Trying to be so perfect all the time is not only draining on you, but it can be equally as exhausting for your partner. To avoid a big blowup (or ultimate heartbreak), take a peek at the various ways perfectionism might be ruining your relationship and a few tips on how to help it.
According to licensed marriage and family therapist Jennifer Chappell Marsh, when someone is a perfectionist they typically have the following two characteristics that impact the relationship: the tendency to procrastinate and adhere to an all-or-nothing approach. “This negatively affects their partner’s sense of reliability on them,” she says. “Perfectionism that comes out this way in a relationship translates into inconsistency, which is not stable. Partners will often stop relying on their significant others and take more on themselves. This is where resentment builds and criticism ensues,” she warns.
As many perfectionists will attest to, they tend to be extremely hard on themselves and have incredibly high, unrealistic standards. Consequently, their self-esteem takes a beating, explains Marsh. “This hurts a relationship because perfectionists will generally close off emotionally when they are feeling bad. The other common scenario is that the perfectionist holds their partner to the same bar that they hold themselves to, setting them both up for failure.”
Black and white thinking
Perfectionism can ruin a relationship in so many ways, points out psychologist Elizabeth R. Lombardo, author of the forthcoming book Better Than Perfect: 7 Steps to get out of Your Own Way. “For example, perfectionists have a tendency to think in black and white — he either loves me and does what he should, or he doesn’t do what he should and doesn’t love me. What’s more, perfectionists personalize other people’s behavior as an indication of their own worth — if he loves me, I am OK; if he doesn’t, I am worthless.” Obviously, this can lead to serious self-esteem issues and rifts in the relationship.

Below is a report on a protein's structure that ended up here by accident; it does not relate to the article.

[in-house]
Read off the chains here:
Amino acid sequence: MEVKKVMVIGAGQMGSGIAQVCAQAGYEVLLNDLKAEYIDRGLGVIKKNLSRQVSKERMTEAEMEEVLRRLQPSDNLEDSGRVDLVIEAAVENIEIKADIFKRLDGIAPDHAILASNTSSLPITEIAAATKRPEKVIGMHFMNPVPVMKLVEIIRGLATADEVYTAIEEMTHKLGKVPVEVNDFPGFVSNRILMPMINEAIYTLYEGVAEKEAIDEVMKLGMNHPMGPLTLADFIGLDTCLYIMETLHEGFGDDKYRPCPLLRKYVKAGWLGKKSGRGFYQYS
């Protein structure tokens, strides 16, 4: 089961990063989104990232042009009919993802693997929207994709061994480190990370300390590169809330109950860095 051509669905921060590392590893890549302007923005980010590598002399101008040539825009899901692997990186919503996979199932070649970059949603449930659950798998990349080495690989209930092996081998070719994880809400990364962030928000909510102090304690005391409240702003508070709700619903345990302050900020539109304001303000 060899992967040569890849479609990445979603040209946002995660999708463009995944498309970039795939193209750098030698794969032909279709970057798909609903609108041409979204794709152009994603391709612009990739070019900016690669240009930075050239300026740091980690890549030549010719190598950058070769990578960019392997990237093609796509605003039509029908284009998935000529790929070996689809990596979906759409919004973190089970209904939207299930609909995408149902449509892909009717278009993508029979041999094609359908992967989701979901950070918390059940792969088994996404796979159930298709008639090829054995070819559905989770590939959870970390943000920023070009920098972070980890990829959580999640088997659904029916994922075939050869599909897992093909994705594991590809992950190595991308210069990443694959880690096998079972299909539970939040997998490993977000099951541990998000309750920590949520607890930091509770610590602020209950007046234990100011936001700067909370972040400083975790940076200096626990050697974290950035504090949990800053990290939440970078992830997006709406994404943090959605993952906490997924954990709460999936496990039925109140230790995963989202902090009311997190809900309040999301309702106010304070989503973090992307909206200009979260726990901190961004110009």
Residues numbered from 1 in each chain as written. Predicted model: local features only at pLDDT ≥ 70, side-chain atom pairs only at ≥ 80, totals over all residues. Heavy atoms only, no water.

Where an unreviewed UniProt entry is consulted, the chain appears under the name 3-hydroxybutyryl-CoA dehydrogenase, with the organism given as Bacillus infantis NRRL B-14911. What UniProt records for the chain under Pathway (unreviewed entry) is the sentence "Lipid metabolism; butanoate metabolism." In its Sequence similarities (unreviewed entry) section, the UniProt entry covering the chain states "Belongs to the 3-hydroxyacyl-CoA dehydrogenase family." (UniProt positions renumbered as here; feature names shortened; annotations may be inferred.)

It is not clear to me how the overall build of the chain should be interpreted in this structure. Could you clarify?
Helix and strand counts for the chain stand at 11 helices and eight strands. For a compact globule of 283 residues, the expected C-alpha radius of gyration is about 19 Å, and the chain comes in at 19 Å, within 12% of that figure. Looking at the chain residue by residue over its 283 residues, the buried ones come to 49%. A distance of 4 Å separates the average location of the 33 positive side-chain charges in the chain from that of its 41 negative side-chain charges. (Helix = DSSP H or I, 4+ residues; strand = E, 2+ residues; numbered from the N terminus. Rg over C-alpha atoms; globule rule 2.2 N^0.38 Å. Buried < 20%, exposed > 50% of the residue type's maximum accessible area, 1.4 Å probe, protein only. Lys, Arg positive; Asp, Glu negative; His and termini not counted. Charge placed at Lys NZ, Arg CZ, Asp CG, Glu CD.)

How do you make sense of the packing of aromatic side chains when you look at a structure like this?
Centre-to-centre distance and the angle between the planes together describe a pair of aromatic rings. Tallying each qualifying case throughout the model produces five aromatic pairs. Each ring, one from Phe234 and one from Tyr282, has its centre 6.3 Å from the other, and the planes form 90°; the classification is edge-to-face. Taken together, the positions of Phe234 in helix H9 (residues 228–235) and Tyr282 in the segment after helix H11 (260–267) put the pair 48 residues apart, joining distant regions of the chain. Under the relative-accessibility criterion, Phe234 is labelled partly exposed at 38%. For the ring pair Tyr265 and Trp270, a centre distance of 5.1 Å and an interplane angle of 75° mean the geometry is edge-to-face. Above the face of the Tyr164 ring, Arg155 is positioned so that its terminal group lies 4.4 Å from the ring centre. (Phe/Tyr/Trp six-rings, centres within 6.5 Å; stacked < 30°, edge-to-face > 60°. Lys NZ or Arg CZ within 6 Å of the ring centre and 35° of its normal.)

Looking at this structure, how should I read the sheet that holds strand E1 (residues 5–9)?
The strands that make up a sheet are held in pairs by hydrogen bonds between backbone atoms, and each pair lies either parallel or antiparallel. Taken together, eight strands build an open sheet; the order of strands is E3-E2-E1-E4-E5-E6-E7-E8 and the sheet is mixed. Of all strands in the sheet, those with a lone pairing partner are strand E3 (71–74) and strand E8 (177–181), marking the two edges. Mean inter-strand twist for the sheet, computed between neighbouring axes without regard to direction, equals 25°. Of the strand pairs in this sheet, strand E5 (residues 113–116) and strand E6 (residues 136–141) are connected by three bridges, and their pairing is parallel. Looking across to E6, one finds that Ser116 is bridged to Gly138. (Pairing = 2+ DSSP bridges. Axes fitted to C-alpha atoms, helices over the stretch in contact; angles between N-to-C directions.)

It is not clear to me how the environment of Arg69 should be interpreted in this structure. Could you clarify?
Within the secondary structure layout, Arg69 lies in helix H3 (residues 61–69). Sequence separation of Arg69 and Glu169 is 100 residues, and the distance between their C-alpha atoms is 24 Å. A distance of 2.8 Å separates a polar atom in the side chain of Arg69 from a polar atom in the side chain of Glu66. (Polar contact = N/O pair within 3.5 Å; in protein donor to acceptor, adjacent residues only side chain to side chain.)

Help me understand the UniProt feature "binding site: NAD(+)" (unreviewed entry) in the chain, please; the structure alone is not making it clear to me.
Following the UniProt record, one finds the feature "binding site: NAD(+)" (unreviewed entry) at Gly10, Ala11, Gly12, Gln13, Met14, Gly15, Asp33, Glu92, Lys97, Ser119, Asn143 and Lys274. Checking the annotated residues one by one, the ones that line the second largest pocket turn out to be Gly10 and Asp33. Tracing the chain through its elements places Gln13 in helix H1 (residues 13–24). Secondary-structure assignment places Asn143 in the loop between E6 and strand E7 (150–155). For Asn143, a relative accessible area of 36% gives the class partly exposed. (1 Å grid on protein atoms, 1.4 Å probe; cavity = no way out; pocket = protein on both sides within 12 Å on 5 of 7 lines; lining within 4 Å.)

Intolerance for mistakes
The words perfectionism and relationship definitely don’t belong in the same sentence! Why? Because “it’s very likely that your partner will make mistakes (at least one per day),” says licensed clinical psychologist and professor of psychology, Dr. Ramani Durvasula. “Chronically calling him or her out on them (or doing so in an unkind way) is bound to result in hurt feelings.” Moreover, your partner may feel like they’re walking around on pins and needles all the time, scared to set you off.
Relationship tips for perfectionists
Personal development coach and president of Win The Room Kelly Hadous, shares her top tips for perfectionists in relationships. Read and learn, ladies!
Check your expectations
Perfectionism, if carried too far, can harm a person’s self-esteem and lead to a relationship’s eventual downfall. To prevent this, it’s important to set realistic expectations of your partner, instead of constantly bringing them down by complaining.
Focus on the positives
One way to readjust your expectations is by appreciating your significant other more and focusing on their positive qualities. Be thankful for the person you’re with instead of tearing them down with petty issues.
Communicate, communicate, communicate
Perfectionism can suck the joy out of any relationship. Keep the spark alive by being grateful, loving and communicating about your needs on a daily basis.